Today was the first day that it was raining when I woke up, can't really complain since it has been in the 60's since the beginning of my trip with mostly sunny skies. We we scheduled to arrive in Passau only at 9:00am which meant I could sleep in a bit and have a later breakfast.
Passau is a town in Lower Bavaria, Germany. It is also known as the Dreiflüssestadt or "City of Three Rivers," because the Danube is joined at Passau by the Inn river from the south and the Ilz from the north.
Passau was an ancient Roman colony of ancient Noricum called Batavis, Latin for "for the Batavi." The Batavi were an ancient Germanic tribe often mentioned by classical authors, and they were regularly associated with the Suebian marauders, the Heruli. During the second half of the 5th century, St. Severinus established a monastery here. In 739, an English monk called Boniface founded the diocese of Passau and this was the largest diocese of the Holy Roman Empire for many years.
During the Renaissance and early modern period, Passau was one of the most prolific centres of sword and bladed weapons manufacturing in Germany (after Solingen). Passau smiths stamped their blades with the Passau wolf, usually a rather simplified rendering of the wolf on the city's coat-of-arms. Superstitious warriors believed that the Passau wolf conferred invulnerability on the blade's bearer, and thus Passau swords acquired a great premium. As a result, the whole practice of placing magical charms on swords to protect the wearers came to be known for a time as "Passau art."
Passau was secularised and divided between Bavaria and Salzburg in 1803. The portion belonging to Salzburg became part of Bavaria in 1805. From 1892 until 1894, Adolf Hitler and his family lived in Passau. The city archives mention Hitler being in Passau on four different occasions in the 1920s for speeches. On November 3, 1902 Heinrich Himmler and his family arrived from Munich. They lived at Theresienstraße 394 (currently Theresienstraße 22) until September 2, 1904. Himmler maintained contact with locals until May 1945.
During World War II, the town housed three sub-camps of the infamous Mauthausen-Gusen concentration camp: Passau I (Oberilzmühle), Passau II (Waldwerke Passau-Ilzstadt) and Passau III (Jandelsbrunn).
Tourism in Passau focuses mainly on the three rivers, the St. Stephen's Cathedral and the "Old City" (Die Altstadt). With 17,774 pipes and 233 registers, the organ at St. Stephen's was long held to be the largest church pipe organ in the world and is today second in size only to the organ at First Congregational Church, Los Angeles, which was expanded in 1994. Organ concerts are held daily between May and September. St.Stephen's is a true masterpiece of Italian Baroque, built by Italian architect Carlo Lurago and decorated in part by Carpoforo Tencalla. Many river cruises down the Danube start at Passau and there is a cycling path all the way down to Vienna. It is also notable for its gothic and baroque architecture. The town is dominated by the Veste Oberhaus and the former fortress of the Bishop, on the mountain crest between the Danube and the Ilz rivers. Right beside the town hall is the Scharfrichterhaus, an important jazz and cabaret stage on which political cabaret is performed.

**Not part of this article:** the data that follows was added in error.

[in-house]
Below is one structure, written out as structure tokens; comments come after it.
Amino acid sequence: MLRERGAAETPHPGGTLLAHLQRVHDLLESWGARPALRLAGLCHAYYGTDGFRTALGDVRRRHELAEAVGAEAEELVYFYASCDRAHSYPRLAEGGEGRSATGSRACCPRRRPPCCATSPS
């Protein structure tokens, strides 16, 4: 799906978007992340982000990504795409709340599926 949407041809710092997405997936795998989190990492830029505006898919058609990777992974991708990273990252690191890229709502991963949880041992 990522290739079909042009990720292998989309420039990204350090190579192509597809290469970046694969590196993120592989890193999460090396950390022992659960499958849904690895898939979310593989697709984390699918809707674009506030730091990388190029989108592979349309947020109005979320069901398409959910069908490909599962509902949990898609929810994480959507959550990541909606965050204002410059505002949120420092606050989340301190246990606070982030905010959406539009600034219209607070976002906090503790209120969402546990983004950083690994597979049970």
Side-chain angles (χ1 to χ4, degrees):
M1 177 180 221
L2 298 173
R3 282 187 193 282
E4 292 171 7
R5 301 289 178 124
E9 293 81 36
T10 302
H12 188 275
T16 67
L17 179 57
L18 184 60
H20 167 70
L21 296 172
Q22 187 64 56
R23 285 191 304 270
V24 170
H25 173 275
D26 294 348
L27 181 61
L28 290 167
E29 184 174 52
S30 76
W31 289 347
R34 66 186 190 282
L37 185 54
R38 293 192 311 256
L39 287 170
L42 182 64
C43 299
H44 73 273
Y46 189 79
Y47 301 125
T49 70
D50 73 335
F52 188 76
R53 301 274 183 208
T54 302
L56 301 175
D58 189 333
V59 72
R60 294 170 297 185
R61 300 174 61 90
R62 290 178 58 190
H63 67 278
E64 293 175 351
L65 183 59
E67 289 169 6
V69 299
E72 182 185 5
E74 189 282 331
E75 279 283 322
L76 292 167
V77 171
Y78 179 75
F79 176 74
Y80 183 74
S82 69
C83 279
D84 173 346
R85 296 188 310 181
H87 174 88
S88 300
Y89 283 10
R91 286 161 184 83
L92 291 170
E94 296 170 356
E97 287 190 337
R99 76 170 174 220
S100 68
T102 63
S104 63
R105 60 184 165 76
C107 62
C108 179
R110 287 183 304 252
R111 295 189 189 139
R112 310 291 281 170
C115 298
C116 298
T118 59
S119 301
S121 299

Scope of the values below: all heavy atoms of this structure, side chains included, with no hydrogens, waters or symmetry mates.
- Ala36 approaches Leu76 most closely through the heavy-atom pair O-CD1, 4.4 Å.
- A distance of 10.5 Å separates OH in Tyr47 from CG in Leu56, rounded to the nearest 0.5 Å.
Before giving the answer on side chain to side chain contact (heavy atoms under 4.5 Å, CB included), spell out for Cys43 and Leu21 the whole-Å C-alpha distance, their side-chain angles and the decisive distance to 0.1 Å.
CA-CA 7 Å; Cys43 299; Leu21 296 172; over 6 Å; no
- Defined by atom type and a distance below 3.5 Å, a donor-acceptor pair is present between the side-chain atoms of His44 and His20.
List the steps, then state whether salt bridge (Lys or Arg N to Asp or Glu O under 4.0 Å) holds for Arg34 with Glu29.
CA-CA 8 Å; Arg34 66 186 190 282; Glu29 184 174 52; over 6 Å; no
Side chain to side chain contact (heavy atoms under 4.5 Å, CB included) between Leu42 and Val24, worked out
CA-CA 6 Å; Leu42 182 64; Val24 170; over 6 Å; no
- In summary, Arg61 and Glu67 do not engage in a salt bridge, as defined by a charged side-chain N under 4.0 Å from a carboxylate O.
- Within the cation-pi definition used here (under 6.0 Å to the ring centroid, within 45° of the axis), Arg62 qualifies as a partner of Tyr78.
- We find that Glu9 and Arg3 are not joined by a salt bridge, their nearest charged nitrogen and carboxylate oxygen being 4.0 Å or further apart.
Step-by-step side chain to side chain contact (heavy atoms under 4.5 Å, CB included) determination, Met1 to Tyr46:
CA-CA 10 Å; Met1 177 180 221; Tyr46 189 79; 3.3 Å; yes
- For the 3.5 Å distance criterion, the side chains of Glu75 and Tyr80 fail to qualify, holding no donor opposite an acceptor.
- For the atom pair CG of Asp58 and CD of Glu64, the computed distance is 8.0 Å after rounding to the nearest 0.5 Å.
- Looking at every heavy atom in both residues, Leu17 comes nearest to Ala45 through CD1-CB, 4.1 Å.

On the walking tour we visited the cathedral and had an organ recital which was very enjoyable. These European cathedrals are so detailed in their ornamentation. Baroque and gold leaf is everywhere making the experience surreal.
The rain started to increase and the cobbled-stoned streets were getting really hard to walk on and I was finding it difficult to hold an umbrella in one hand and a camera in the other without getting it wet. I was starting to get impatient and ready to turn around and go back to the ship on my own when lo and behold as we came close to the Inn river I came across an old lady feeding some ducks. There were dozens of these feathered creatures everywhere around her. They are not fearful of people so it was easy to approach them. Considering my affection for ducks I was thrilled at this encounter which totally gave me my second wind. Then some swans came by to make this a perfect scene, I just had to take a ton of shots of them.
This was the last day of my trip and I thought it was fitting to end it the way I began it two weeks ago by looking at the little ducks I love so much.
We went back to the ship and as I was packing it was great fun to think of all the magical towns and places I had visited. It definitely is true that life is like a book and if you don't travel you have only read a page. I have been fortunate to have added many new pages to my book and will look forward to the next.